Making the case against software patents (Was: Re: [Fsfe-ie] Ivana Bacik
ian at locut.us
Mon May 24 20:20:20 CEST 2004
Niall Douglas wrote:
> On 24 May 2004 at 10:13, Ian Clarke wrote:
>>>Playing devil's advocate, I suspect they would argue that such an
>>>amendment would mean that physical inventions with a component that is
>>>software (eg. a form of computer-controlled lathe) would not be
>>>patentable, and they consider this to be undesirable. By this point
>>>they have successfully blunted your argument.
> Except that even pro-patent supporters claim to not support the
> ability to patent something containing software just because the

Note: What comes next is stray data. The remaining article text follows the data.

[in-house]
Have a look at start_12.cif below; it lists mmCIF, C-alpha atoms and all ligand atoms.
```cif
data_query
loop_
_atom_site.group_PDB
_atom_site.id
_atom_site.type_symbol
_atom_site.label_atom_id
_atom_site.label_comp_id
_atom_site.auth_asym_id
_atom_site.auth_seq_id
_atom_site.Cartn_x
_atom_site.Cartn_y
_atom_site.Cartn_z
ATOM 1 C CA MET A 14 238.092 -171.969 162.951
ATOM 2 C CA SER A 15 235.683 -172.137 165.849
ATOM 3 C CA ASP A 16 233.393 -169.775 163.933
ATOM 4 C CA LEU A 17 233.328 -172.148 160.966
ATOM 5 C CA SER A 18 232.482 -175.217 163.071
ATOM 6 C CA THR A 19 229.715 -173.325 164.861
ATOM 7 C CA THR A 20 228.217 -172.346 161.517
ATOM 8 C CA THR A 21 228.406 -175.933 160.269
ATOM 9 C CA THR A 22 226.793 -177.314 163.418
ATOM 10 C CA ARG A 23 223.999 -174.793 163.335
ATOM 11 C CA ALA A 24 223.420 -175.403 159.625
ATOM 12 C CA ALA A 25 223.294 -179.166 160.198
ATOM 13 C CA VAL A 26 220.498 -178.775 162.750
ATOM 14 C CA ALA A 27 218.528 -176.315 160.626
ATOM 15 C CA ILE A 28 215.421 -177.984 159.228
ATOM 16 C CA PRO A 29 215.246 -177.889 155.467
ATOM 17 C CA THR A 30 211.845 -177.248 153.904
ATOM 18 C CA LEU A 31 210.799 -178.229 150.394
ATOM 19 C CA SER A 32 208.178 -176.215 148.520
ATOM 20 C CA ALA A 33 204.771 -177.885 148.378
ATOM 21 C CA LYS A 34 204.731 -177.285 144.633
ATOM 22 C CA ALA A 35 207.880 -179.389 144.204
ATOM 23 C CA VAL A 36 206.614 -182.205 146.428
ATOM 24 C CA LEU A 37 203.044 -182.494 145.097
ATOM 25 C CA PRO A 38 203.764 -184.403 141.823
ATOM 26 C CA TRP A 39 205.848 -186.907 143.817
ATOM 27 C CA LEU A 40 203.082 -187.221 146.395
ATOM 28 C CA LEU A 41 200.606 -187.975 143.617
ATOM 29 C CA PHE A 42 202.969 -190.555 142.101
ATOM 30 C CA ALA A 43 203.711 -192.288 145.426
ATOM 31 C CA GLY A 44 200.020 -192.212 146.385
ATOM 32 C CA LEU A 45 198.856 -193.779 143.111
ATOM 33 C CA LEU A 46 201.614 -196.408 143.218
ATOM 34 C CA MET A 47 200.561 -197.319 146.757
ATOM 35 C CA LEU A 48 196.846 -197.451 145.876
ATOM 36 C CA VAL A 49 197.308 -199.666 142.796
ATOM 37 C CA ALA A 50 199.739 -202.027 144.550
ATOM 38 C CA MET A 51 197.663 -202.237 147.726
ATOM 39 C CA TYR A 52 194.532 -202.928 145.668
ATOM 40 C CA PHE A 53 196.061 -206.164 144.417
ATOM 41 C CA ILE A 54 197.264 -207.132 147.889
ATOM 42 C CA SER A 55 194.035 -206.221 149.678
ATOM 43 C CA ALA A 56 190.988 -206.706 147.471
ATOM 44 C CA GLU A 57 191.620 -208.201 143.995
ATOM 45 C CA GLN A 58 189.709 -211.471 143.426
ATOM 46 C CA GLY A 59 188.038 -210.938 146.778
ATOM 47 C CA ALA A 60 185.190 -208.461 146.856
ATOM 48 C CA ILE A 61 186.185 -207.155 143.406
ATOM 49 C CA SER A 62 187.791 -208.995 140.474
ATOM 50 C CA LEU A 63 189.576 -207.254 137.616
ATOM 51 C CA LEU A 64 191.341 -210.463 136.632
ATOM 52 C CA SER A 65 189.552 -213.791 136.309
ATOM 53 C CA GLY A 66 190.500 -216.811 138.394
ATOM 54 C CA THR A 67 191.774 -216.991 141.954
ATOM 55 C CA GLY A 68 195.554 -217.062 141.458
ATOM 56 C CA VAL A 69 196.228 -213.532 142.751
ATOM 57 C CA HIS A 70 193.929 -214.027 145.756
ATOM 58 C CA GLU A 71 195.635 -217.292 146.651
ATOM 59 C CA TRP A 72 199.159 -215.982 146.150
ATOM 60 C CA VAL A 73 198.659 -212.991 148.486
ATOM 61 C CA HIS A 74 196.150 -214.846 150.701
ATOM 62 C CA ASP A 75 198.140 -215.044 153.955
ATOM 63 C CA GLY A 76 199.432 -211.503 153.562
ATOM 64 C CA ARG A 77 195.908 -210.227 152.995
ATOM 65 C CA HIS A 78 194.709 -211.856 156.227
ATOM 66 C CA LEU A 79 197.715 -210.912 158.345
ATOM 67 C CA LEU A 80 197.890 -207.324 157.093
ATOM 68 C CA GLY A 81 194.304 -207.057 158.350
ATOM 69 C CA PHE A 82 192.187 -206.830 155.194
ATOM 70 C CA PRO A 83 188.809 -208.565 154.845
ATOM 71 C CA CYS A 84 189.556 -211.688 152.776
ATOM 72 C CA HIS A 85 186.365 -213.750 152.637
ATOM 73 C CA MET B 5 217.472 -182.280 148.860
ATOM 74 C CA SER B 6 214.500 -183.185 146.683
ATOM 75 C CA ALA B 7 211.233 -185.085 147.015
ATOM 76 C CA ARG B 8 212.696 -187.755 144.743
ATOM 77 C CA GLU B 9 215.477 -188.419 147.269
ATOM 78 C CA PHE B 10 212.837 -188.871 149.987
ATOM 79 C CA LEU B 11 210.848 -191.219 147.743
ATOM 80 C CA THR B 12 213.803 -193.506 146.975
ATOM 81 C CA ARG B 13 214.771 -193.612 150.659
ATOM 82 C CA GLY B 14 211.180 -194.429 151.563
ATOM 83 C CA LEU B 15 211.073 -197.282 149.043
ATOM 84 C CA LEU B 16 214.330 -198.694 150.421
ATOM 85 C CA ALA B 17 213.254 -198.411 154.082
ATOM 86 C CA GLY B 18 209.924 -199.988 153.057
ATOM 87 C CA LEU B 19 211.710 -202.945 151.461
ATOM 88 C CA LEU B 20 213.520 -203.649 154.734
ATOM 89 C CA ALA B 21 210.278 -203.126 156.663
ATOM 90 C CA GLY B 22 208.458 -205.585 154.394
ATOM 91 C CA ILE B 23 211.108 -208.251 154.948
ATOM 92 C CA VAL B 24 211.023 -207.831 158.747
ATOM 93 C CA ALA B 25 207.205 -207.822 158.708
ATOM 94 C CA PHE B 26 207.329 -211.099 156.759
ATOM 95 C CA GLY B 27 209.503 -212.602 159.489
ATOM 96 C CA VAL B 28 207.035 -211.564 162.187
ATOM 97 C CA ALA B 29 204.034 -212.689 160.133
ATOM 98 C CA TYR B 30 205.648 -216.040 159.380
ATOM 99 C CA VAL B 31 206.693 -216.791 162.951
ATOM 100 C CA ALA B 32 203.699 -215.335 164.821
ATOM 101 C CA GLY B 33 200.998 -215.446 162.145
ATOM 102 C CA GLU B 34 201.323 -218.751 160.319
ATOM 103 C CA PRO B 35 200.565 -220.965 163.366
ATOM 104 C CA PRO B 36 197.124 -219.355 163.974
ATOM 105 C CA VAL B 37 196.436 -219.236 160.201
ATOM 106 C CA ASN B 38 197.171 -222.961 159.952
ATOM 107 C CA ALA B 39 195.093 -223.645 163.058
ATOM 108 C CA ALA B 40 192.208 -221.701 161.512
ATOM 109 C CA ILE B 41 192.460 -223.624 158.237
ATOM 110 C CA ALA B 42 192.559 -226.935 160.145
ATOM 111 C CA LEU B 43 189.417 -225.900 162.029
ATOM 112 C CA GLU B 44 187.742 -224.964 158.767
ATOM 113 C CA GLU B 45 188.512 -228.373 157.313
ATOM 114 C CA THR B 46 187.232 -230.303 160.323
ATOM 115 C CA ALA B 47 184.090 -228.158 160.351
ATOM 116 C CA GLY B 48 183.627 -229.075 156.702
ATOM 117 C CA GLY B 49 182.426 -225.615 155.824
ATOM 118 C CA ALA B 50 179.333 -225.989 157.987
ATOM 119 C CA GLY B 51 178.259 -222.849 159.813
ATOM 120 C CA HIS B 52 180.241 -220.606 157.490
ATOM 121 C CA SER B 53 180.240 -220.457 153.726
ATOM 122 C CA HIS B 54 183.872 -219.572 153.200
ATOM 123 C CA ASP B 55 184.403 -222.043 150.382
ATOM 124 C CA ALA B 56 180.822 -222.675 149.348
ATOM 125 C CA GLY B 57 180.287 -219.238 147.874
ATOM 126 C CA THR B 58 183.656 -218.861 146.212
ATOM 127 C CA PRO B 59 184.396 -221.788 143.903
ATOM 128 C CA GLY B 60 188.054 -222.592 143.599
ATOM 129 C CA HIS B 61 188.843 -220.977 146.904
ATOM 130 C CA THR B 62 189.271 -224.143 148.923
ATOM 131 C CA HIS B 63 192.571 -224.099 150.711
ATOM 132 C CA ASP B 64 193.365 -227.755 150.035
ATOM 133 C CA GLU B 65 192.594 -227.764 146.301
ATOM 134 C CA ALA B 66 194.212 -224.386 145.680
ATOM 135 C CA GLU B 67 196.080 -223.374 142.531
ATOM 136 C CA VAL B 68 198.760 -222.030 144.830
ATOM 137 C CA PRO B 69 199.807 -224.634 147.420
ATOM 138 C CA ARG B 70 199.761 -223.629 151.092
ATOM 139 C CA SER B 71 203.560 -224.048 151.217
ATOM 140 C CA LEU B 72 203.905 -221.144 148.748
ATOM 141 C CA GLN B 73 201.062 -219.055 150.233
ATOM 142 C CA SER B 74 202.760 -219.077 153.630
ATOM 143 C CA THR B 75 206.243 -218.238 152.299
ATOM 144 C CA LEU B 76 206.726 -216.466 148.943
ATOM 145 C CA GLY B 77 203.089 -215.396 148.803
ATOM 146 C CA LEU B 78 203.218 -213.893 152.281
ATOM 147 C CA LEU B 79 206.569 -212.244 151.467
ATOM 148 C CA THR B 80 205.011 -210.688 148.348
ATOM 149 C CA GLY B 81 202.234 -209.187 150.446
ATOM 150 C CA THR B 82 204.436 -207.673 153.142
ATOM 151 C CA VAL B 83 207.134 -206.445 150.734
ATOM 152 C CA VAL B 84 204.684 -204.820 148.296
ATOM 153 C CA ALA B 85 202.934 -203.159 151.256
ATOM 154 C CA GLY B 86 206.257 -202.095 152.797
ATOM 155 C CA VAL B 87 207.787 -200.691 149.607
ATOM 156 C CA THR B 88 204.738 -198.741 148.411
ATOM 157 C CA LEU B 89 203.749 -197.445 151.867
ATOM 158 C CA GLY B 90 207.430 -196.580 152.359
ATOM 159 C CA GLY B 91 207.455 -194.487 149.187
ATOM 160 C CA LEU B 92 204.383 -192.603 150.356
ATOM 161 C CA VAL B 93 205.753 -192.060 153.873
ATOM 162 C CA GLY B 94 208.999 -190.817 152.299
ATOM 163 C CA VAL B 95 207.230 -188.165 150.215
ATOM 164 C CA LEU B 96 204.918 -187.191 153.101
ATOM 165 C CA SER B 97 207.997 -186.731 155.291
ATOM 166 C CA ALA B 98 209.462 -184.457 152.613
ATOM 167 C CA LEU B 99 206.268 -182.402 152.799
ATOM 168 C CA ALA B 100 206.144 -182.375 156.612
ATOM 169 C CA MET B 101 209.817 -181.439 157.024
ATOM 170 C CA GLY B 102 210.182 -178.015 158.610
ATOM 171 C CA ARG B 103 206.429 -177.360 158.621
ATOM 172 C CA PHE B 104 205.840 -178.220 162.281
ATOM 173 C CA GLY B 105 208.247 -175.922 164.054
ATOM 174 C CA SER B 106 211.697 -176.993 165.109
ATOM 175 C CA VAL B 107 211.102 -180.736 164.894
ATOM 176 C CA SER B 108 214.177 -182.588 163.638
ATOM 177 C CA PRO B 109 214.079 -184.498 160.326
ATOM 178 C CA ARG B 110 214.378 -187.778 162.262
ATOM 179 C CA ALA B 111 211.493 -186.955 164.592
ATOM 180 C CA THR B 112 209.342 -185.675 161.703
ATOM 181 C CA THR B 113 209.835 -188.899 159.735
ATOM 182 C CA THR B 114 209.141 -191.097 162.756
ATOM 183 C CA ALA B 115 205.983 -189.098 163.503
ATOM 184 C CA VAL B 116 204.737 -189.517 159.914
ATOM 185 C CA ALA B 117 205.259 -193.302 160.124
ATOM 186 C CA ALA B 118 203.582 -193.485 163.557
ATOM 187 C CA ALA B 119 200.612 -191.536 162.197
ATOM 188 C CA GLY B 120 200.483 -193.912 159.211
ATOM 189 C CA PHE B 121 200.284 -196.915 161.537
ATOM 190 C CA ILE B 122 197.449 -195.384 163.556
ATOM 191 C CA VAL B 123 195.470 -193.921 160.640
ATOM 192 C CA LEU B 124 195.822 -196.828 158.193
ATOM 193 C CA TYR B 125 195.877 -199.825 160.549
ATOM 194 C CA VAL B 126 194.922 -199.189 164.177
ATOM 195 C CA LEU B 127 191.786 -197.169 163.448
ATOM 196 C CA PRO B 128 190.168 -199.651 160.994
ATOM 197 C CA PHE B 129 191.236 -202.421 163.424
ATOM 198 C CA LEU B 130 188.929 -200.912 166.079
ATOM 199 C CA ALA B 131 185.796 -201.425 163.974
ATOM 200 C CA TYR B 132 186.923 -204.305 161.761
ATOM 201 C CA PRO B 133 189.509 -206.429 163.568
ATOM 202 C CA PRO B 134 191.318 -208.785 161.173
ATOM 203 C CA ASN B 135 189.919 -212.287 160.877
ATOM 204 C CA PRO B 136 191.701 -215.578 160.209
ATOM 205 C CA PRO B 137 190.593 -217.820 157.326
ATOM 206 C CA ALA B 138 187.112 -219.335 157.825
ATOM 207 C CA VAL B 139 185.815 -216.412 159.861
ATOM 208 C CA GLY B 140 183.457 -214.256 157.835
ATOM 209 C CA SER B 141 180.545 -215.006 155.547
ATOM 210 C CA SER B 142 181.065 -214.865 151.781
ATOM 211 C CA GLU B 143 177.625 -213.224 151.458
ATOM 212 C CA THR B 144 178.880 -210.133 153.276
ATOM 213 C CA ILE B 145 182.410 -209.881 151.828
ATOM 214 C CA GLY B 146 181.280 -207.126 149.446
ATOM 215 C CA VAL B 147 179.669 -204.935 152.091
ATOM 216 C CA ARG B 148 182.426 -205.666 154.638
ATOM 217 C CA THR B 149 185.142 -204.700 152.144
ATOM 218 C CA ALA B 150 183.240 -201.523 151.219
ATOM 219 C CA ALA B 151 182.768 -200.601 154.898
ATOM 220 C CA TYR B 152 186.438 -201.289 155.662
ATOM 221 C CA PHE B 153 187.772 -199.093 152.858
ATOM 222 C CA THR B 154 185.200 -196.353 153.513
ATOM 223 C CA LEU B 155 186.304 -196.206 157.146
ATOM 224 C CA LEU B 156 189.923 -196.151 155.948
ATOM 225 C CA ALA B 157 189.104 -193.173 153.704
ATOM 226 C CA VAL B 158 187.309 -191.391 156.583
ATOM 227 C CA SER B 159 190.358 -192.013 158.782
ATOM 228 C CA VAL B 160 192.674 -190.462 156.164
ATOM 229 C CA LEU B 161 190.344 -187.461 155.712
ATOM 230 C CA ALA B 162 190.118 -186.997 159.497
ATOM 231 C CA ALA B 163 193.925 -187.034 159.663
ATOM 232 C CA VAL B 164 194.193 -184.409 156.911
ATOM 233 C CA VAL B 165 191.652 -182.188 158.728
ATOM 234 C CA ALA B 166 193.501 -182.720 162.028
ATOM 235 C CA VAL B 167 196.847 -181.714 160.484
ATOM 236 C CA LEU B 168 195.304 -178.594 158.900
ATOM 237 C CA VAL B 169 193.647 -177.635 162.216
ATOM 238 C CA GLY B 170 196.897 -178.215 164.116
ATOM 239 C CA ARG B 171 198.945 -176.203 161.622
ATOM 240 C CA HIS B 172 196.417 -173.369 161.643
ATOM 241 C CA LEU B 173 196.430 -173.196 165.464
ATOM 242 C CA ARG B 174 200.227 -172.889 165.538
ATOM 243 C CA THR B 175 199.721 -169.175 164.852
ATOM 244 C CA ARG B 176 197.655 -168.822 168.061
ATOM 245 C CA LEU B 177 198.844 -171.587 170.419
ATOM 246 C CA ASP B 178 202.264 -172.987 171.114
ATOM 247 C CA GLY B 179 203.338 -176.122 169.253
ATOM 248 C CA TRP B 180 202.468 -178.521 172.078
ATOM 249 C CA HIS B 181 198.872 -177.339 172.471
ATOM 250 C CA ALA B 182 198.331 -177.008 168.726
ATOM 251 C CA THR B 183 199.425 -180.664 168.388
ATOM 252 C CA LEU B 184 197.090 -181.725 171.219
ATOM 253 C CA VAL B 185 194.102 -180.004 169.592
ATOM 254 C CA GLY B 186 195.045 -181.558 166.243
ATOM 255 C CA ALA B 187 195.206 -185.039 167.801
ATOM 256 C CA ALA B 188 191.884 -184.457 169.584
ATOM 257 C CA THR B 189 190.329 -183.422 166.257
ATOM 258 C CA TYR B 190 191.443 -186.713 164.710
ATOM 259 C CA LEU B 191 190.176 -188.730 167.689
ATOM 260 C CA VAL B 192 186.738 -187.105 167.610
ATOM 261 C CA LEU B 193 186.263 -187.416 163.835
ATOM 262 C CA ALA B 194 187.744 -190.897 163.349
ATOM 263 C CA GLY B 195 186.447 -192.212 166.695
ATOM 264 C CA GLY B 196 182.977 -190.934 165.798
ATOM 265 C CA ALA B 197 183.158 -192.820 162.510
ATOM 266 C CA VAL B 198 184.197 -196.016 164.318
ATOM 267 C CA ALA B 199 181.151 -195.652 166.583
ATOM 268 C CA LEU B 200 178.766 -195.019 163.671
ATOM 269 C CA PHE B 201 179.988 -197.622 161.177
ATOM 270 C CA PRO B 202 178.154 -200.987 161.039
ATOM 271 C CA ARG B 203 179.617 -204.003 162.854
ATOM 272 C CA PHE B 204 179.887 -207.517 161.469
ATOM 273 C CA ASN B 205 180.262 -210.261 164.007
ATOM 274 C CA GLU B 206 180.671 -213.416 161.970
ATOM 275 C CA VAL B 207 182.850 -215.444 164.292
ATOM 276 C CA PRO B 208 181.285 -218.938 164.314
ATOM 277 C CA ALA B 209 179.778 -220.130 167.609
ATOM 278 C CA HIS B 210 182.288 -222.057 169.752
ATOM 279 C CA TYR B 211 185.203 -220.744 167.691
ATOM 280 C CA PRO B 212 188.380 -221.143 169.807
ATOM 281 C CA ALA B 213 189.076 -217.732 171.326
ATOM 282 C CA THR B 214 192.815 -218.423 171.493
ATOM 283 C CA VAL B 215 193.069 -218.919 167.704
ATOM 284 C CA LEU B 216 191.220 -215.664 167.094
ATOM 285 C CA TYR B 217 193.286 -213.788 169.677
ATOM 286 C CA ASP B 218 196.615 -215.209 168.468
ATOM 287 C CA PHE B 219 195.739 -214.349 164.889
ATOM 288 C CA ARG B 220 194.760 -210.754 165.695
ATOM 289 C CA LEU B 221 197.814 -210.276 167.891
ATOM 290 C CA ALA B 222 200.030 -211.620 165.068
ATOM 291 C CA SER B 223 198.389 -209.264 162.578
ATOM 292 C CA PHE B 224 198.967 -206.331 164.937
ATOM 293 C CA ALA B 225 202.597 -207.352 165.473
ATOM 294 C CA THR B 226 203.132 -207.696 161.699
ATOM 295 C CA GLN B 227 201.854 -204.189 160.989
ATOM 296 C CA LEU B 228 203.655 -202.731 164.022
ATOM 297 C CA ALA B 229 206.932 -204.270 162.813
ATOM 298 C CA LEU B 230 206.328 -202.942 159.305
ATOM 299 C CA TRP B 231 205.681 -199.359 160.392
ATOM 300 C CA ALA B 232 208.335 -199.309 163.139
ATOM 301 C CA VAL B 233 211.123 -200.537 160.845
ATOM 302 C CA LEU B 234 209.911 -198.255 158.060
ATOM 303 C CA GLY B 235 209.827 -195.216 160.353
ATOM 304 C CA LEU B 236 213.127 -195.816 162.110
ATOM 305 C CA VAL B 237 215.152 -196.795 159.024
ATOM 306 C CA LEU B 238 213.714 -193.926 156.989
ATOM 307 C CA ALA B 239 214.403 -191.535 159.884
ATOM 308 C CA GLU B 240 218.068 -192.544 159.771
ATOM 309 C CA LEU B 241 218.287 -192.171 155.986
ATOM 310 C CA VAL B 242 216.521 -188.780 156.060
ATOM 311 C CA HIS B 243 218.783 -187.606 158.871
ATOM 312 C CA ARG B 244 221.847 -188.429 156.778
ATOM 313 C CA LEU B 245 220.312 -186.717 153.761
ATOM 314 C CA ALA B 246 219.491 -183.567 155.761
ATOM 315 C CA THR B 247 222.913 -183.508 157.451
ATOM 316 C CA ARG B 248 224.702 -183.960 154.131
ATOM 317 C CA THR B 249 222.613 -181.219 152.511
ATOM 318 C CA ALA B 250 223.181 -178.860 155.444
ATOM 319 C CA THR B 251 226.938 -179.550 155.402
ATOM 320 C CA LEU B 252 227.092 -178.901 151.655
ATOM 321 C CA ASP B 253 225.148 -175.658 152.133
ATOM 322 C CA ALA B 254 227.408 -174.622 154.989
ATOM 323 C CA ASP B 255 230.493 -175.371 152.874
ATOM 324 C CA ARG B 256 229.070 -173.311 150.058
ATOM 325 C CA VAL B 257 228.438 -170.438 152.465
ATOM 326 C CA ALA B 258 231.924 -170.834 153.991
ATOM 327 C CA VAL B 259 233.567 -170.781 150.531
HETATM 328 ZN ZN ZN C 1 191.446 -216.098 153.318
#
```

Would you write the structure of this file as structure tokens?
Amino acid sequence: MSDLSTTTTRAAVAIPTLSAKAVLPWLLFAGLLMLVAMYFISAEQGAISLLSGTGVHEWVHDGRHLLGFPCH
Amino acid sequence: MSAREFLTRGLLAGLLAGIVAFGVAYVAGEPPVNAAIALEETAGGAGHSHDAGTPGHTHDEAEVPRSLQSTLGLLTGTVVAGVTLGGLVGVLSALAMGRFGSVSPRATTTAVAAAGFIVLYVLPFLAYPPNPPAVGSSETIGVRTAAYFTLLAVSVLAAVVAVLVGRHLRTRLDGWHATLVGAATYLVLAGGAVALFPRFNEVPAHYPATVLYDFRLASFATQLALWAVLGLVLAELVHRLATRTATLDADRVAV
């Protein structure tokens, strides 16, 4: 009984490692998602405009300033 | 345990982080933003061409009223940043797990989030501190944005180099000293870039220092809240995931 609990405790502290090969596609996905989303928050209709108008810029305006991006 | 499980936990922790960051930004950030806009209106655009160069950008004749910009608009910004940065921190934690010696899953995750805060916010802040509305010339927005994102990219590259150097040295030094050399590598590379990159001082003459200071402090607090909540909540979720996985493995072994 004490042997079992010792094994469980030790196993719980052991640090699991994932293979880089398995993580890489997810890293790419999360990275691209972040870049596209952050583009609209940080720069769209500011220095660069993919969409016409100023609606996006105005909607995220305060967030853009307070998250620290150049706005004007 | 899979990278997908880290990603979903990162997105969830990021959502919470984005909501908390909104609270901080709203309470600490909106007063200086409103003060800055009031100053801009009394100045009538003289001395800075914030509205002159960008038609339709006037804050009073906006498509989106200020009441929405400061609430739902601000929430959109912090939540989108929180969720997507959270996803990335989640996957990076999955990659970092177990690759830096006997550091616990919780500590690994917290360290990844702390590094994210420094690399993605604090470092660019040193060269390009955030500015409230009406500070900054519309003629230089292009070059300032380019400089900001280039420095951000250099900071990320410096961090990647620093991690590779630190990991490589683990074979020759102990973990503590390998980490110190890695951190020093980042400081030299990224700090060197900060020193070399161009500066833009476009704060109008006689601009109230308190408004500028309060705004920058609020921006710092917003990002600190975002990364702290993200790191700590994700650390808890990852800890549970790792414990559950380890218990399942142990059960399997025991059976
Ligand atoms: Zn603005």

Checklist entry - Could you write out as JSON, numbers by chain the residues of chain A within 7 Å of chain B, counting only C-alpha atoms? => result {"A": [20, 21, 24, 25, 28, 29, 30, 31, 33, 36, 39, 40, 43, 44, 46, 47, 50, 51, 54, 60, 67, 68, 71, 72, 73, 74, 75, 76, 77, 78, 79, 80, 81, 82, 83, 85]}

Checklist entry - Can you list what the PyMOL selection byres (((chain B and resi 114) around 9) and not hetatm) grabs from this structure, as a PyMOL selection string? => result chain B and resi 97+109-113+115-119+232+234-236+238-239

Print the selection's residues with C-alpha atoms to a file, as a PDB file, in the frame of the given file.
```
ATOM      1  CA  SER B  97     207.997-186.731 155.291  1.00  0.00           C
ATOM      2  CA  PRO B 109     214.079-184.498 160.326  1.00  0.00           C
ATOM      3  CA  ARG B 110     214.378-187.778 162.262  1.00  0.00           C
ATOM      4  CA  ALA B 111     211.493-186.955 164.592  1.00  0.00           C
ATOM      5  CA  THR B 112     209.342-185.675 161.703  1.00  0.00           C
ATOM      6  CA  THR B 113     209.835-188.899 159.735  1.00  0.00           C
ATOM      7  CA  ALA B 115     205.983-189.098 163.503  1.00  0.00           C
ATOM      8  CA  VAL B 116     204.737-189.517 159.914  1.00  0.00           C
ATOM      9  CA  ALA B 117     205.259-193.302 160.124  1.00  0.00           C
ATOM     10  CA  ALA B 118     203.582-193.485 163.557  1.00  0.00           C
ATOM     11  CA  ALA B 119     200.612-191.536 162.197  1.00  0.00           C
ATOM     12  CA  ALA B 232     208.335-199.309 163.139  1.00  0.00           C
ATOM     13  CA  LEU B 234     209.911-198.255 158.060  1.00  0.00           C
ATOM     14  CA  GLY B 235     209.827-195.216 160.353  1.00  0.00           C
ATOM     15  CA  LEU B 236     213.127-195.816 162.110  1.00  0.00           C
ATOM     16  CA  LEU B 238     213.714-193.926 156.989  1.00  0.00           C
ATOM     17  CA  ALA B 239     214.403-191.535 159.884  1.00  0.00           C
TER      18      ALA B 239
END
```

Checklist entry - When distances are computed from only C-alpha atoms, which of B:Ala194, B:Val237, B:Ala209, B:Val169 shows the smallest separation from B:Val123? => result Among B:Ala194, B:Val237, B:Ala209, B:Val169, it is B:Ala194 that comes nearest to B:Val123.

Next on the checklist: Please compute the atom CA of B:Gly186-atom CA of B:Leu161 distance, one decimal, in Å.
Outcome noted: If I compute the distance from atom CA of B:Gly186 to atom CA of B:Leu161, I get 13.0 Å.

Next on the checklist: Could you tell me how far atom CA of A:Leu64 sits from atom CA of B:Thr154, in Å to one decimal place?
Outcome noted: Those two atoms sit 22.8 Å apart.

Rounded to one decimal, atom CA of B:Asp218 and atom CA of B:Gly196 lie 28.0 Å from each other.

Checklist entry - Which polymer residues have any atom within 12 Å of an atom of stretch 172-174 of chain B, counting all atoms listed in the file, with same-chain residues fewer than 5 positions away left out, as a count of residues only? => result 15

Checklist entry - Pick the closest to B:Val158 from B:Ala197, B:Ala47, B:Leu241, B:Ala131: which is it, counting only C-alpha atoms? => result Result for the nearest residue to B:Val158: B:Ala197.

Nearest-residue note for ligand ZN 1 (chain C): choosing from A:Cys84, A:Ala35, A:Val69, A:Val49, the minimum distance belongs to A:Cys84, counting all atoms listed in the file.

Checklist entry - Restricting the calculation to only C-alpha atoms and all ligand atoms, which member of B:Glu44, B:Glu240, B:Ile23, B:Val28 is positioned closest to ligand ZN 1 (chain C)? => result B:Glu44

> software alone contains the inventive step of the invention.
> One can use their own arguments against them by contrasting their
> actions against what they say they believe.
The challenge isn't out-arguing them, the challenge is out-arguing them
in a manner that a non-expert audience will understand. Once you start
talking about where within an invention the "inventive step" occurs, 99%
of your audience's eyes will have glazed over and you are wasting your
This, in fact, is the core problem with the theoretical arguments
against software patents, they are quite hard for non-computer sciences
to grasp. Much better to point to empirical evidence of the badness of
software patents (FTC study, etc), perhaps following-up with a
theoretical explanation of why this has happened elsewhere.
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